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Genetic, Environmental Factors Influence Imprinting at Differentially Methylated Noncoding Gene

NEW YORK (GenomeWeb) – Both genetic and environmental factors influence imprinting at a differentially methylated noncoding RNA gene, according to a new study.

Genomic imprinting, a type of allele-specific DNA methylation, is typically thought to be determined by parental origin. But, previous work found a unique pattern of DNA methylation at the noncoding nc886 gene: it exhibited allele-specific DNA methylation in about 75 percent of people, but is unmethylated in about 25 percent of people.

Researchers led by the Van Andel Research Institute's Peter Jones analyzed the region containing this gene and found that a polymorphism at a CTCF binding site appears to influence the level of imprinting. They further noted that non-genetic parental factors like maternal age and conception season were also linked to imprinting frequency.

"[W]e show that variation of imprinting in the population is associated with prenatal environment," Jones and his colleagues wrote in their paper, which appeared yesterday in the Proceedings of the National Academy of Sciences.

Nc886 is an RNA polymerase II-transcribed noncoding RNA that is found throughout higher-order primates. Its expression is regulated by DNA methylation, and while it is monoallelically methylated in most people, it is biallelically unmethylated in certain individuals.

The researchers compared DNA methylation at known imprinted differentially methylated regions (DMRs) gauged using Illumina's Infinium Human Methylation 450 array and peripheral blood samples from 2,664 European and Indian Asian individuals from the London Life Sciences Prospective Population (LOLIPOP) study, From that, they found that all other imprinted differentially methylated regions — excepted for nc886 — have limited inter-individual variance.

They further examined nc886, the maternally methylated DMR PEG3, and the paternally methylated DMR H19 in two studies of sperm DNA as well as peripheral blood from the LOLIPOP study. For PEG3, H19, and nc886, the researchers saw about 50 percent methylation in peripheral blood, as they expected for imprinted loci. In the sperm dataset, H19 was fully methylated, while PEG3 and nc886 were not. This indicated that the methylation at nc886 was maternally derived.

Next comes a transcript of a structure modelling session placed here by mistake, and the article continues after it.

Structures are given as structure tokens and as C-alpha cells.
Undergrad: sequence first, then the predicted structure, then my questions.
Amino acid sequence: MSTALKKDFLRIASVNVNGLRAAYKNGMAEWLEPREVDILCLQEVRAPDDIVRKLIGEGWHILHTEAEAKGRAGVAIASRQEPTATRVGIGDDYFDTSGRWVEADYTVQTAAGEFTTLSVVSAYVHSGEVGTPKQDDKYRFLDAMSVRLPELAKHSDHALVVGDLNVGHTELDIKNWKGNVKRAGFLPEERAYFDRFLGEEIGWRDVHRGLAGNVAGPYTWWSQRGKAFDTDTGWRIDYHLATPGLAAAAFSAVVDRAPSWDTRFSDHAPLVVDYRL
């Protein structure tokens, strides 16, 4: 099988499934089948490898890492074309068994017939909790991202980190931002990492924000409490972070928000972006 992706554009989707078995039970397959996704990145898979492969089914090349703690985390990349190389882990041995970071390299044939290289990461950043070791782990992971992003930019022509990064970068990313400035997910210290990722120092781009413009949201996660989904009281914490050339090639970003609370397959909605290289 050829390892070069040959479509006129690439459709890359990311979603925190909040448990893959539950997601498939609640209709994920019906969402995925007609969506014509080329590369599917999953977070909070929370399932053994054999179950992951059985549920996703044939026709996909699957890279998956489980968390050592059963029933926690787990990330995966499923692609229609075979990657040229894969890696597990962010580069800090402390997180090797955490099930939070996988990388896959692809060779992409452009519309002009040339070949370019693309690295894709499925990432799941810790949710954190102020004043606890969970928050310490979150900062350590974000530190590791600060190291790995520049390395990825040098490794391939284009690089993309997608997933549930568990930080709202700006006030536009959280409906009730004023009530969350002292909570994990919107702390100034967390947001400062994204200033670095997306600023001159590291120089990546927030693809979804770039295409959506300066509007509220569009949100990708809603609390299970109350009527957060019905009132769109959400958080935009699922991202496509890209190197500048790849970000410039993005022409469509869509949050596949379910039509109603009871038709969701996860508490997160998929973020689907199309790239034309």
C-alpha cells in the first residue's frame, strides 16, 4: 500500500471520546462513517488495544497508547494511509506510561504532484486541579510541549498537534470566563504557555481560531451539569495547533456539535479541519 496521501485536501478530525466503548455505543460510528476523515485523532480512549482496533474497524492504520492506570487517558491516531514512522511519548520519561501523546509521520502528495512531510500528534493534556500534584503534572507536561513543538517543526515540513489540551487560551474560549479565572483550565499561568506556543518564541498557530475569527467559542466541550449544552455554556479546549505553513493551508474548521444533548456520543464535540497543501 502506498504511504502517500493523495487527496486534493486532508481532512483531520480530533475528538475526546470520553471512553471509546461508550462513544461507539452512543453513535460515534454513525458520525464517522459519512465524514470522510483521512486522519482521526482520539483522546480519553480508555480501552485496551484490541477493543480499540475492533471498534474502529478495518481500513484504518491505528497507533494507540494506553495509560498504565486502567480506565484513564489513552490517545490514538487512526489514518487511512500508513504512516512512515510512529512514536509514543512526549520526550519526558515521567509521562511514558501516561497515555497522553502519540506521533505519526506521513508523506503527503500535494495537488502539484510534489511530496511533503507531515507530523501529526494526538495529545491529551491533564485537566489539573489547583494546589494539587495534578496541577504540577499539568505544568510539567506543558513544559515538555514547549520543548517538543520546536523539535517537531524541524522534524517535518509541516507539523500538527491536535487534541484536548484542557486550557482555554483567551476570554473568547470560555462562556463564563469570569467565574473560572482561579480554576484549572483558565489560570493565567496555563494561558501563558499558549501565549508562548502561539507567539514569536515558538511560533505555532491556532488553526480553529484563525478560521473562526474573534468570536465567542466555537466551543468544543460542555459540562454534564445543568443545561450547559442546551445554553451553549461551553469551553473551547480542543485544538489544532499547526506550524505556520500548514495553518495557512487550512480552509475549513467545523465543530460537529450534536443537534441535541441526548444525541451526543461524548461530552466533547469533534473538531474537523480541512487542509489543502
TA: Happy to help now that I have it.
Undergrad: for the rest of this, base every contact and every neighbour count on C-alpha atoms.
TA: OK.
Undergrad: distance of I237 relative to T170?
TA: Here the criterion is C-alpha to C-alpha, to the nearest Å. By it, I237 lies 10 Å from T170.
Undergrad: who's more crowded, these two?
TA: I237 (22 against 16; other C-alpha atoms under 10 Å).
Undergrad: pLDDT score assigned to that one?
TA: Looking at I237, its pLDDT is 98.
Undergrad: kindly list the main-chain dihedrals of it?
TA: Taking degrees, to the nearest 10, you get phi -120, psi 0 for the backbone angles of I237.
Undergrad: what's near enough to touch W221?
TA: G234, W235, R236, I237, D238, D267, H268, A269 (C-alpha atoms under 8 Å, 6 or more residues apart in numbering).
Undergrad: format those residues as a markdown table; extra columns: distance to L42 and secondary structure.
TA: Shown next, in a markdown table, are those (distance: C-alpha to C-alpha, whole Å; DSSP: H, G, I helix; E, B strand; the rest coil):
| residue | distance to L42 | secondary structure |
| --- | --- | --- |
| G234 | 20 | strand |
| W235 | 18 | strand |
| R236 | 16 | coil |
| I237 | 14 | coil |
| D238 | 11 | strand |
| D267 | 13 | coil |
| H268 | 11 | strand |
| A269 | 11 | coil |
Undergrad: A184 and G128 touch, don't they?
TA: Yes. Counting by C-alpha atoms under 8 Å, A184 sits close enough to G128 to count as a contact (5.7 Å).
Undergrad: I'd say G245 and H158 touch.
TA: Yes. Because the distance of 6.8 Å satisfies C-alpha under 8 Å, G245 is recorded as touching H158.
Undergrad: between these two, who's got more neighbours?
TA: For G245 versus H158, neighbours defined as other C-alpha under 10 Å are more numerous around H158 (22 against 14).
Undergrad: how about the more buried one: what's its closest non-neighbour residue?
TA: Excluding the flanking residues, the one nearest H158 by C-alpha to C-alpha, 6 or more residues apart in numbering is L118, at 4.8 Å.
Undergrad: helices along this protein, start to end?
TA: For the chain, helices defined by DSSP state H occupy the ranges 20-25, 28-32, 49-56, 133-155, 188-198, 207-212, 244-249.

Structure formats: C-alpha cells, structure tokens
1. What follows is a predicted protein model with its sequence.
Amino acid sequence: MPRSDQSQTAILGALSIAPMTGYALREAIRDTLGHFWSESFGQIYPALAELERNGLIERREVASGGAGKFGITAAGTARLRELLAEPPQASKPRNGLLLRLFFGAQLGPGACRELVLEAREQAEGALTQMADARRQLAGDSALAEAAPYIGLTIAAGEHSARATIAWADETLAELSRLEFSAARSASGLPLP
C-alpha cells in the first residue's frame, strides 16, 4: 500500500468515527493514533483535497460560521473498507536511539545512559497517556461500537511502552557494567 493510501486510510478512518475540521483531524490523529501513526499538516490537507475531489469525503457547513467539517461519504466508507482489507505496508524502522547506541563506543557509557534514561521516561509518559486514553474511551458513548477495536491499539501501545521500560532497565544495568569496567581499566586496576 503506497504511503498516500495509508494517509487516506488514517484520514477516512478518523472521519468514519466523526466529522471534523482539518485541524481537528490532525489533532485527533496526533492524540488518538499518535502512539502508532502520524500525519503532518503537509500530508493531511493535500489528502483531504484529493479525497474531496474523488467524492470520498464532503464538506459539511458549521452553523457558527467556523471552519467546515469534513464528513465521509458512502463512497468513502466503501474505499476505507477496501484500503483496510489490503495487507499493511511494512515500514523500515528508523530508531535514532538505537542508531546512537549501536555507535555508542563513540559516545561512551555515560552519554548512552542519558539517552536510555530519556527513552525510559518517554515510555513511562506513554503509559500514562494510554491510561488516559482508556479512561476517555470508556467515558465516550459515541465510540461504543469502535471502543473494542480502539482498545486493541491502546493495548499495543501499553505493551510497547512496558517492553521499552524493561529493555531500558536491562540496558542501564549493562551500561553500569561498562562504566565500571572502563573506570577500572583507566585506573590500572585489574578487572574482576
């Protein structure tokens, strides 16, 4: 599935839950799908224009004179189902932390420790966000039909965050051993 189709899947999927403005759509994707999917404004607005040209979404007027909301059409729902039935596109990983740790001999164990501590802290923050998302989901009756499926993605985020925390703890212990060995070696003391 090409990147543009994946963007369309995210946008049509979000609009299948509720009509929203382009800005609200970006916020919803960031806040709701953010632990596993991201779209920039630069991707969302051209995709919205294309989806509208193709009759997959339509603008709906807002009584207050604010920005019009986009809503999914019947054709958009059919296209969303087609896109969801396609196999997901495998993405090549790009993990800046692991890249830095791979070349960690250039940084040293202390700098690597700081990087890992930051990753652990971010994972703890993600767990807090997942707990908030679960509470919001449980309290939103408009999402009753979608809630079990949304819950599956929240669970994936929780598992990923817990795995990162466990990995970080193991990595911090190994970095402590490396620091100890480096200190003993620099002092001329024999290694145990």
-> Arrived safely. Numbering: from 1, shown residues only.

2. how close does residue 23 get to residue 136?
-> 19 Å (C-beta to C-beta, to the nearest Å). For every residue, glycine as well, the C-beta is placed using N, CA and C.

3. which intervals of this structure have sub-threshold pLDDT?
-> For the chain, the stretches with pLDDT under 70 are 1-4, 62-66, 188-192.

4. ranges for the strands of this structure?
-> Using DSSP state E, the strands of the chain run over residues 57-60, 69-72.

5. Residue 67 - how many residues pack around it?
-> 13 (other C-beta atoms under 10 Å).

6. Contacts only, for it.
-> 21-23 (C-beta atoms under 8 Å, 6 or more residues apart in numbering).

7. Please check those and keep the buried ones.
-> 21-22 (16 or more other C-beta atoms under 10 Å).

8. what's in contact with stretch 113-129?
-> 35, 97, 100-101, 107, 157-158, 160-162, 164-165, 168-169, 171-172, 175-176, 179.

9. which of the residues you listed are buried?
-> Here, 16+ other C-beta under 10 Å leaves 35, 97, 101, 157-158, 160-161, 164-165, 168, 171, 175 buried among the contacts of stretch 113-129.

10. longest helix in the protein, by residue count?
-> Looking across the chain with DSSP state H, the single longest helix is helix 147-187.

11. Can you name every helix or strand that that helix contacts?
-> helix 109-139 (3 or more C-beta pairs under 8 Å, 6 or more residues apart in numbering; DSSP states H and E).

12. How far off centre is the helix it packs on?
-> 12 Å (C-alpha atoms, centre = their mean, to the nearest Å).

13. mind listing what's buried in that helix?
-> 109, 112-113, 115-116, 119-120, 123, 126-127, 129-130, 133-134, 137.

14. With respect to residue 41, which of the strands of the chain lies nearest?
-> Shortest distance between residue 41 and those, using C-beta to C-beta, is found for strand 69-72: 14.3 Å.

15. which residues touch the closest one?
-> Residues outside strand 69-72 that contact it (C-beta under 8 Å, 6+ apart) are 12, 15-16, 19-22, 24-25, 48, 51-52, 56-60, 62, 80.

They further traced the boundaries of the nc886 DMR to two CTCF sites.

When the researchers re-analyzed data that had been collected in twin studies, they found that monozygotic twins were more likely than dizygotic twins to be concordant for DNA methylation at the nc886 DMR, suggesting that genetic factors could affect methylation there. They found that an A/C SNP at one of those CTCF binding site influenced imprinting: the A allele was associated with higher average methylation than the C allele. This suggested to the researchers that the genetic background could "tune" the likelihood of imprinting at nc886.

The researchers also examined data from three other studies and teased out additional factors that influence nc886 imprinting.

Previously, a team of investigators looking at a cohort of children from the Gambia had found that the season in which children were conceived affected their methylation status at certain genes. Here, the researchers used that data to further note that the season in which the children were conceived also influenced imprinting at nc886. Likewise, in an additional cohort, the researchers found that maternal age influenced imprinting, with younger mothers being linked to a decreased likelihood of imprinting at nc886.

The researchers also used data collected in a blood spot study to tie imprinting at nc886 to lower BMI at age five. This, they added, suggested that the prenatal environment could influence imprinting.

"A further understanding of causality from all of these observations will require an unraveling of potential biological roles of nc886 or the nc886 DMR," the researchers added.